Golden Sibanda Senior Business Reporter
GOVERNMENT is yet to make a decision on the disposal of more than $1 billion worth of ZESA Holdings debtors’ book amid concerns that the sale may realise a grossly discounted price.
Energy and Power Development secretary Partison Mbiriri said Government and the Reserve Bank of Zimbabwe have not made a decision to sell the debtors’ book due to price concerns.
“It is not a decision we make, it a decision that the Ministry of Finance and the Reserve Bank make. As things stand, there are challenges converting that to paper,” Mr Mbiriri said.
“What happens sometimes when the paper gets flogged on to the market at low prices to its value, you end up getting newer problems. So it certainly remains a challenge,” he added.
Mr Mbiriri said that given the prevailing macro-economic environment, the debtors’ book could be sold at discount price.
The Energy and Power Development secretary was responding to questions from journalists during a tour of Kariba South extension project and assessment of late water levels last week.
Zimbabwe Electricity Transmission and Distribution Company, a unit of Zesa Holdings, managing director Engineer Julian Chinembiri, hinted last year that the company was mulling selling its debtors’ books to banks.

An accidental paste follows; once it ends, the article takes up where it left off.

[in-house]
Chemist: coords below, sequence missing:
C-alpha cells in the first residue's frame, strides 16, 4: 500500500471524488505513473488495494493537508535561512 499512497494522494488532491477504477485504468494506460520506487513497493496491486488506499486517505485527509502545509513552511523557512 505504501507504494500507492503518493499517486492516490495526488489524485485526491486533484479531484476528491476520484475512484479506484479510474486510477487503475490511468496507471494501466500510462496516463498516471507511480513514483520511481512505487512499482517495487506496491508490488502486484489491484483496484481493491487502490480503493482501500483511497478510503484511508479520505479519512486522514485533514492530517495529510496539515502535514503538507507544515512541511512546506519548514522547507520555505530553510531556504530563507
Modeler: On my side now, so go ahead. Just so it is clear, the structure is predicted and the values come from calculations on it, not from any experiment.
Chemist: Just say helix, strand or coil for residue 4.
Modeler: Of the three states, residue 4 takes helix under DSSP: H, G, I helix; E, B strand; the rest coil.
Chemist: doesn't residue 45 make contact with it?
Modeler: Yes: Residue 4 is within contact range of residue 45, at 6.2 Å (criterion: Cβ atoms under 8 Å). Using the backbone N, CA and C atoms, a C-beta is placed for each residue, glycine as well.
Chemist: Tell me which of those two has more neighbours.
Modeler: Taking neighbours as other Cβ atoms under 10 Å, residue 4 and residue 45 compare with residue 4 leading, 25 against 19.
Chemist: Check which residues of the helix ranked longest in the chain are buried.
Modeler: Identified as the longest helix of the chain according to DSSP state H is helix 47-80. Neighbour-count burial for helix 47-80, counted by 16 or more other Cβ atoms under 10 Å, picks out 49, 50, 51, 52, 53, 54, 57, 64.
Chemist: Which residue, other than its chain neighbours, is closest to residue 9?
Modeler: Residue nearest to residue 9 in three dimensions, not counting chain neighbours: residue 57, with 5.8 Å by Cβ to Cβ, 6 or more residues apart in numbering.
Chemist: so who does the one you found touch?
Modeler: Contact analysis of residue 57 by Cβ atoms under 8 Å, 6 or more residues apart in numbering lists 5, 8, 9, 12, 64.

Government has in the past issued Treasury Bills to hive off $1,3 billion debt from the Reserve Bank of Zimbabwe’s books.
This time around, buyers would purchase the debtors’ book to take ownership of what is owed to Zesa, but potentially significantly cut the purchase price and then recover the full amount themselves from the customers.
ZESA wanted to sell its debtors’ books to banks at a discount and be paid the lump sum while the financial institutions would recover the full amount owed by consumers.
As of last year, ZESA’s transmission and distribution unit was owed $300 million by domestic users, $27 million for public lighting, $244 million by mines and industry, $351 million by retail companies and $75 million by commercial farmers among the long list who owe it.
ZESA is in the process of installing prepaid meters with over 500 000 units having already been installed in the first phase, which targeted, predominantly, the domestic users of electricity.
The power utility is in the process of acquiring an additional 160 000 prepaid metres to cater for outstanding customers and also putting commercial users on smart metres.
It targets to put over 800 000 customers on prepaid by 2018 in line with targets set in Government’s medium-term economic blueprint, the Zimbabwe Agenda for Sustainable Socio-economic Transformation covering the period 2014 to 2018.
It is expected that the intervention will prevent accumulation of debts by customers through post paid consumption of power.
Despite now deducting part of what it is owed by each of the customers already on prepaid system when they purchase power, ZESA has struggled to reduce the outstanding amount.
This has deprived the power utility of the income it requires for capital intensive maintenance of transmission and distribution equipment, let alone invests in generation capacity.